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Finding things

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Stephen Follows24/03/2022 14:28:42
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89 forum posts
3 photos

A good tip for finding that elusive item:

Look for something else. Over many years I have found many things that were previously lost when I looked for something else. Never fails!

Juddy24/03/2022 14:38:18
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103 forum posts

Yes, or buy another one and the lost one will turn up as soon as the new one arrives

Ady124/03/2022 16:38:16
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5095 forum posts
736 photos

Lidl had some packs of reflective coloured tape a couple of months ago which were quite cheap, and I like cheap, so I bought a pack and taped up the stuff I use a lot

all my ratchet spanners are orange, my favourite screwdriver has yellow, the nest of plugs in one corner has a triangular orange bit suck on the drill plug and a green square on the grinder plug kinda thing, red is on other oft used bits

Definitely makes life a bit easier and more efficient because colours can be so much easier to spot

Martin Kyte24/03/2022 17:38:54
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2756 forum posts
48 photos
Posted by Juddy on 24/03/2022 14:38:18:

Yes, or buy another one and the lost one will turn up as soon as the new one arrives

Not just turn up, but be discovered right next to the place you decide to store the new one. I've got a boring head that did that.

regards Martin

To be fair it was not exactly lost, I just forgot I had bought it and found another at a good price at a show. Remember those.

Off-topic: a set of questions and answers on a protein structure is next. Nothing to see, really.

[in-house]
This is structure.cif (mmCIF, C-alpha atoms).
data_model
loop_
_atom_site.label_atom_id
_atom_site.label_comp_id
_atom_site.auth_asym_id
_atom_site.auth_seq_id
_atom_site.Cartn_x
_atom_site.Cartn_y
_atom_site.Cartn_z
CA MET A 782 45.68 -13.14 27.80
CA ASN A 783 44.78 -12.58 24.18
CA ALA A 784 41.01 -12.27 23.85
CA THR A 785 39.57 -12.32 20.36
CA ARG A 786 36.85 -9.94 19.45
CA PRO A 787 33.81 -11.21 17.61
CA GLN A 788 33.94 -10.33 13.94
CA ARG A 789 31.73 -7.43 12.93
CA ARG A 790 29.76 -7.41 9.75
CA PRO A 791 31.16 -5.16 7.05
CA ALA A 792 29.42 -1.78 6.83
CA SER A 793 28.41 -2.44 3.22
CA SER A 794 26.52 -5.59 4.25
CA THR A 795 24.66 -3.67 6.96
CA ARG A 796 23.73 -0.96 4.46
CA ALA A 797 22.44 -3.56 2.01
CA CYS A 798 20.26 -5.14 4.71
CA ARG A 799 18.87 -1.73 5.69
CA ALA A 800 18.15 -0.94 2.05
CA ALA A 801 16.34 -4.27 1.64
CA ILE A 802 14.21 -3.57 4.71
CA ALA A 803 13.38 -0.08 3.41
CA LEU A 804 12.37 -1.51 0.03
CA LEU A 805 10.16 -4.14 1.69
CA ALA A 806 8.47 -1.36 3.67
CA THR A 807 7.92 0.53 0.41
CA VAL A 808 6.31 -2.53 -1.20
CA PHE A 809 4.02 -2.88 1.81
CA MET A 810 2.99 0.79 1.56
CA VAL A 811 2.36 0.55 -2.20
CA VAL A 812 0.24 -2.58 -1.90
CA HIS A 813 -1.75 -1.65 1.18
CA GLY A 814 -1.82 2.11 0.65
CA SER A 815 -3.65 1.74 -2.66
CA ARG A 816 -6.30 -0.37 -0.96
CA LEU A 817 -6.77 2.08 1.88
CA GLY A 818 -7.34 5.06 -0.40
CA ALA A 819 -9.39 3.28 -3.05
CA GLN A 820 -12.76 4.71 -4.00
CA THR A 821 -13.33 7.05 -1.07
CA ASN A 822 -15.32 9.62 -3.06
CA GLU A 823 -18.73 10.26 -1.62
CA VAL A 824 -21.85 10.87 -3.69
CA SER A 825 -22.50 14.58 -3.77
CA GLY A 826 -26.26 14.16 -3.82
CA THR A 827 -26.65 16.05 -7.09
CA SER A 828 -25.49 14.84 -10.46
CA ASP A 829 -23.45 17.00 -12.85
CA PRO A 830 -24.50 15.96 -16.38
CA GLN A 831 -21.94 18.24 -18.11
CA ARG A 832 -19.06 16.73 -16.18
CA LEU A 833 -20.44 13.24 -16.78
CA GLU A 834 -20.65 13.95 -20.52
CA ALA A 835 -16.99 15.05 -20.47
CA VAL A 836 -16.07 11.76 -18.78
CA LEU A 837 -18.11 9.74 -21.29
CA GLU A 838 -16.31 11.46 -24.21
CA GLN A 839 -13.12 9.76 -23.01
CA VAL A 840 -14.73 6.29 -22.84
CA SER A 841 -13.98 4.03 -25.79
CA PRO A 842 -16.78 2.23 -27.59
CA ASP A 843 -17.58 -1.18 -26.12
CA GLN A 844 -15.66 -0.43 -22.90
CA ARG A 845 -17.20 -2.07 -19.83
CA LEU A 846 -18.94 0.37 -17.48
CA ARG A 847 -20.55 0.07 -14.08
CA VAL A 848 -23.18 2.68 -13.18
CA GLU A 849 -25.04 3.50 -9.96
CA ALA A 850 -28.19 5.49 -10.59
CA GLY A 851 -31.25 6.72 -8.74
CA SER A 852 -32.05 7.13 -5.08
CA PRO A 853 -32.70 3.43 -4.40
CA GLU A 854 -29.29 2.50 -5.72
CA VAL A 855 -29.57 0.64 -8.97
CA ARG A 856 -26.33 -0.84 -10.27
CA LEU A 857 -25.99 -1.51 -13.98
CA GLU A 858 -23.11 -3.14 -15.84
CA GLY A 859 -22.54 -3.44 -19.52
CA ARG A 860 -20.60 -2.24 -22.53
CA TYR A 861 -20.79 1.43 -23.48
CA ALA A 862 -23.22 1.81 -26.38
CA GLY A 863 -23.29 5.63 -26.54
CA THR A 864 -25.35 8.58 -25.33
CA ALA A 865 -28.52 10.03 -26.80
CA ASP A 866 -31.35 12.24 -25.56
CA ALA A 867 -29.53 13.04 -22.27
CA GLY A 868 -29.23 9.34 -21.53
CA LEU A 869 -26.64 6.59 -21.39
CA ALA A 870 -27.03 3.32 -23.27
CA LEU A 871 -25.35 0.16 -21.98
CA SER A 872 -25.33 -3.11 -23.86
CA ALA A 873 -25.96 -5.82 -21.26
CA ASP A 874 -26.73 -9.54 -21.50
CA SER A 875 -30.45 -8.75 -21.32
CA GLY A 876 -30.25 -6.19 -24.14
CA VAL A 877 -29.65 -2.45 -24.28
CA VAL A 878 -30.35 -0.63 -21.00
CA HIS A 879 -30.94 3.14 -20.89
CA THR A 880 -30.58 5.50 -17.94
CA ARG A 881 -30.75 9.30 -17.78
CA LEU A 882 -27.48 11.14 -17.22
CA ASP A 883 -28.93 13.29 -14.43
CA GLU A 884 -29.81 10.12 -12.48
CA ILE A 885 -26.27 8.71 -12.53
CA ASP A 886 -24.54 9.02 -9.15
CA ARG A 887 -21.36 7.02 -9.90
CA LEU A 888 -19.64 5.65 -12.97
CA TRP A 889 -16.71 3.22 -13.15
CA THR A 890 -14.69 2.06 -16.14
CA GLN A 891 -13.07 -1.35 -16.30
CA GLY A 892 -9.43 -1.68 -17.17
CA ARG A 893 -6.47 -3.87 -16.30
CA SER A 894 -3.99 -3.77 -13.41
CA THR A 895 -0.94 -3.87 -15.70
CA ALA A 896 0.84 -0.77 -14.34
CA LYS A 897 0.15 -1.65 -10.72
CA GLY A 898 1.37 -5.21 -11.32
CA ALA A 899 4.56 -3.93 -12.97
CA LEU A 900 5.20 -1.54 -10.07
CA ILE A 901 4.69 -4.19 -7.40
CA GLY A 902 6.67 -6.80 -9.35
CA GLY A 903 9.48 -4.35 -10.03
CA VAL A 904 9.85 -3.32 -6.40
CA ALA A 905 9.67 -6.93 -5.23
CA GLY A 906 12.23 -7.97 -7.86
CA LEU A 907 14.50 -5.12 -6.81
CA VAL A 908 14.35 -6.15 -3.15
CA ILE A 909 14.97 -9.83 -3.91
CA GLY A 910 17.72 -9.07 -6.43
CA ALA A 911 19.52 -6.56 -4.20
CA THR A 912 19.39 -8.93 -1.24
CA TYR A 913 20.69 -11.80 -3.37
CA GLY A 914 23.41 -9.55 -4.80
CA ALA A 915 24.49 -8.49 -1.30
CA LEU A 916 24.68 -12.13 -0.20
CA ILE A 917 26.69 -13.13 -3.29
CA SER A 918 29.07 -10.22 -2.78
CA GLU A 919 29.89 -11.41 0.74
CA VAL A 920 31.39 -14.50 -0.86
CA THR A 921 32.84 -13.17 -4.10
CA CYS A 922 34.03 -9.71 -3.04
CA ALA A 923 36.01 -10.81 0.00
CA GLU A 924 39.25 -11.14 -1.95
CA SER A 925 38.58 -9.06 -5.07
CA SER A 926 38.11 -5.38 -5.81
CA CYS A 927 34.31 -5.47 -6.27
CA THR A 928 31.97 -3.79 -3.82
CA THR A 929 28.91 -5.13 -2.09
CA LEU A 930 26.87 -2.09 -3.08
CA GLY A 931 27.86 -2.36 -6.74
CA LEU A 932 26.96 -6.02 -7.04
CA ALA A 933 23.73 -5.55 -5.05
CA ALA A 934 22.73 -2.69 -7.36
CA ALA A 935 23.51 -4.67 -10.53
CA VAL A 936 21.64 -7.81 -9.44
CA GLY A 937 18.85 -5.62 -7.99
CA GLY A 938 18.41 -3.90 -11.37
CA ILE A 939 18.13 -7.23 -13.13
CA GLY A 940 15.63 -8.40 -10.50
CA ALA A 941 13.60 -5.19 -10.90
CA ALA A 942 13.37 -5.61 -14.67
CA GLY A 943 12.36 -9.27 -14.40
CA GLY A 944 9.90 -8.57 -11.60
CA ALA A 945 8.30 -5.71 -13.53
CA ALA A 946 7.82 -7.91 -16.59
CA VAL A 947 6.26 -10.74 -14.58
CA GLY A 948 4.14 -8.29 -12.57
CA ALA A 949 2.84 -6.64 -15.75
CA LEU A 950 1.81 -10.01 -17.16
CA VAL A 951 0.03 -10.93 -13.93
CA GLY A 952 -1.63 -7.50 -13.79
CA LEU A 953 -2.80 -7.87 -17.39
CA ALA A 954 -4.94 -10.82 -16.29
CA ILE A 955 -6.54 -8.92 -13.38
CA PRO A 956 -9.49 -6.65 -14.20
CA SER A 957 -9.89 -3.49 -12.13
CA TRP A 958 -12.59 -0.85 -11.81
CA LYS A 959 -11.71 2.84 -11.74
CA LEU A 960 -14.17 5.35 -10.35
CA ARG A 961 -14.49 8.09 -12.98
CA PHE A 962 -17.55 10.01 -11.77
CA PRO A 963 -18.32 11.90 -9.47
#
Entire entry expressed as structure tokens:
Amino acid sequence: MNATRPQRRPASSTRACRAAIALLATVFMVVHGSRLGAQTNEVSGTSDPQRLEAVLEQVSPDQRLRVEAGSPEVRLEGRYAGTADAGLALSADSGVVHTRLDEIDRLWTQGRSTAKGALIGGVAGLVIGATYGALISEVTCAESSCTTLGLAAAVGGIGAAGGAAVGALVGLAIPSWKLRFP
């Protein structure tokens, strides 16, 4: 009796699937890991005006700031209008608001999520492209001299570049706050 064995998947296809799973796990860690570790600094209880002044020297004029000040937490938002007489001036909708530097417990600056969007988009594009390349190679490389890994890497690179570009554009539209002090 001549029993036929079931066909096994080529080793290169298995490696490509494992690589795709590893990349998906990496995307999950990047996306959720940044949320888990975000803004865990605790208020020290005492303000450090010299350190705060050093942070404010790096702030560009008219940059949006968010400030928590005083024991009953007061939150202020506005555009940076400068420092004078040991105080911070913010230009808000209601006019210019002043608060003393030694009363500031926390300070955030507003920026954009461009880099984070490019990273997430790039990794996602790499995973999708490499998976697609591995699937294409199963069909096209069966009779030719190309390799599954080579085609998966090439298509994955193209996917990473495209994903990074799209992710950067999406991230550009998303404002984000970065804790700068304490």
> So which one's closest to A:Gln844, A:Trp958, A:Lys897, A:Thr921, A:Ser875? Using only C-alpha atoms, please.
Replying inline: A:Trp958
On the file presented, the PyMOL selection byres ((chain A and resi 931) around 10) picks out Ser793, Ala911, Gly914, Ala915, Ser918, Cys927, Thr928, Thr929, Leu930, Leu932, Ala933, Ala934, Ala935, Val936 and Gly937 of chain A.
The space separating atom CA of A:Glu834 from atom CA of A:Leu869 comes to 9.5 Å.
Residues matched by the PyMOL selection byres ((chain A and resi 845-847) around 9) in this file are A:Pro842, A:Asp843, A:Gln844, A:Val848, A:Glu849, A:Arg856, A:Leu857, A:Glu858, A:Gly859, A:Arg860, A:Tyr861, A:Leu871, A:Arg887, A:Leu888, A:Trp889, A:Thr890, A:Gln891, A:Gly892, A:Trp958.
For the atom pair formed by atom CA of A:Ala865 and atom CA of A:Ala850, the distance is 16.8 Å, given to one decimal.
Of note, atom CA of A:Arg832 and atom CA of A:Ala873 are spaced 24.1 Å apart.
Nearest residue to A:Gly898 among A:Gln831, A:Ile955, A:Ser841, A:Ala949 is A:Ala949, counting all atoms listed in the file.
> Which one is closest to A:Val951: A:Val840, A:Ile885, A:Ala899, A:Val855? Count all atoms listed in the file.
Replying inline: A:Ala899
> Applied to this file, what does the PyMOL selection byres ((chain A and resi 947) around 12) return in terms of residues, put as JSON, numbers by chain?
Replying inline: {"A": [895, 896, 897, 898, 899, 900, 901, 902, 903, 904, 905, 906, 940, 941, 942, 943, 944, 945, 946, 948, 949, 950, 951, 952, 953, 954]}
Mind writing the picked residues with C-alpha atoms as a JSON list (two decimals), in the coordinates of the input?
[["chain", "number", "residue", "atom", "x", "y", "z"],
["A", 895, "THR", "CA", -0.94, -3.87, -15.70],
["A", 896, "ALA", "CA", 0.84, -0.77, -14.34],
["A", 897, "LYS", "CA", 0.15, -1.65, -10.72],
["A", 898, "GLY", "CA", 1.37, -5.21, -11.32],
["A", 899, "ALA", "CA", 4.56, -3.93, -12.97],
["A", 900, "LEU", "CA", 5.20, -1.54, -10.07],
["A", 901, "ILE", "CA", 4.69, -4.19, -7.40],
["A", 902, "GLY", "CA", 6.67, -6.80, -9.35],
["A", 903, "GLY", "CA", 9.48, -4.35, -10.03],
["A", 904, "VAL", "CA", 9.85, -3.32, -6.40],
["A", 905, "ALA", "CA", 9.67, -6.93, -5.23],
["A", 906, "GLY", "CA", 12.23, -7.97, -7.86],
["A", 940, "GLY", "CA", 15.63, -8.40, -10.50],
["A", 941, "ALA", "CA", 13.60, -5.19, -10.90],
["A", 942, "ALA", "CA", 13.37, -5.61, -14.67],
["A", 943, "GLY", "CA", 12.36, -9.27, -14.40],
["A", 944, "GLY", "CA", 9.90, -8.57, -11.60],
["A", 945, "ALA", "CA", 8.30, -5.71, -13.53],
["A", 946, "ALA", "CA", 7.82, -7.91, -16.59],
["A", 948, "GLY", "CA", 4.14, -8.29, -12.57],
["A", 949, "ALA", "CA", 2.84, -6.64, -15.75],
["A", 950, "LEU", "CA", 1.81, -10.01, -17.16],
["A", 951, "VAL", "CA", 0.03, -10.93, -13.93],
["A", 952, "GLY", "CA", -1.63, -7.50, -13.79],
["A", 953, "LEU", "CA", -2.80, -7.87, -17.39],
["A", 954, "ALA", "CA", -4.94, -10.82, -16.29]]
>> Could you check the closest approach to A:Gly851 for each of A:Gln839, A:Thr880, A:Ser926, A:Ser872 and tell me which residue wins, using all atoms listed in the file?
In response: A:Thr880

Derek Lane24/03/2022 18:27:42
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762 forum posts
171 photos

Yesterday I had three things disappear first was my epoxy glue to repair something for the wife. then a file I was using put down to do something else and then something else the worst part is not remembering what the third thing was.

And finally today I lost my handle for the milling vise and where was it still on the vise normally I remove it and place it in the draw underneath

Stub Mandrel24/03/2022 18:43:26
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4315 forum posts
291 photos
1 articles

Keep everything in it's own special place for that feeling of satisfaction on the rare occasions when something is where you expect it to be.

S.

Pete Rimmer24/03/2022 19:04:18
1233 forum posts
65 photos

Keep your workspace organised and tidy. I used to be an awfully messy worker. I would get any tool I needed out to use and just keep getting stuff out and leaving it out until the benches were heaped up, floor full of mes and parts scattered wherever I could find room for them. When I finished work for the evening I would either tidy up or just shut the door on the mess and then I would be reluctant to go out there another night, or the whole evening would be spent straightening the place up again.

First I decided to organise my stuff so I have drawer units for all my manual tools and small items. Bisley drawers are great for this with home-made dividers. I got rid of any wall-hanging parts trays because they wasted a lot of space and just gathered clutter. Swapped them for proper shelving and stackable totes.

Then last year i started a new regime. No matter what I'm doing I stop about every hour, and not longer than two hours, put every tool away, tidy any materials, clear the bench and sweep the floor if there's mess on it. Then I get out what tools I need even if it's something I have just put away. This might sound like a lot of effort but done every hour it's only a minute or two's work. Now I have a constantly tidy workshop, I can find any tool, I always have a bit of bench space to set stuff down on, I can find any dropped item no matter how small and I don't dread opening the door, I just walk in and start work. My work output has dramatically increased and all it costs me is a minute or two an hour.

Hopper25/03/2022 06:13:02
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6421 forum posts
335 photos

Agreed. Once I start losing things among the workshop detritus, I stop work and have a clean up, starting at one end of the work area and working my way along until completed at the other end. Almost always find what I am looking for along the way.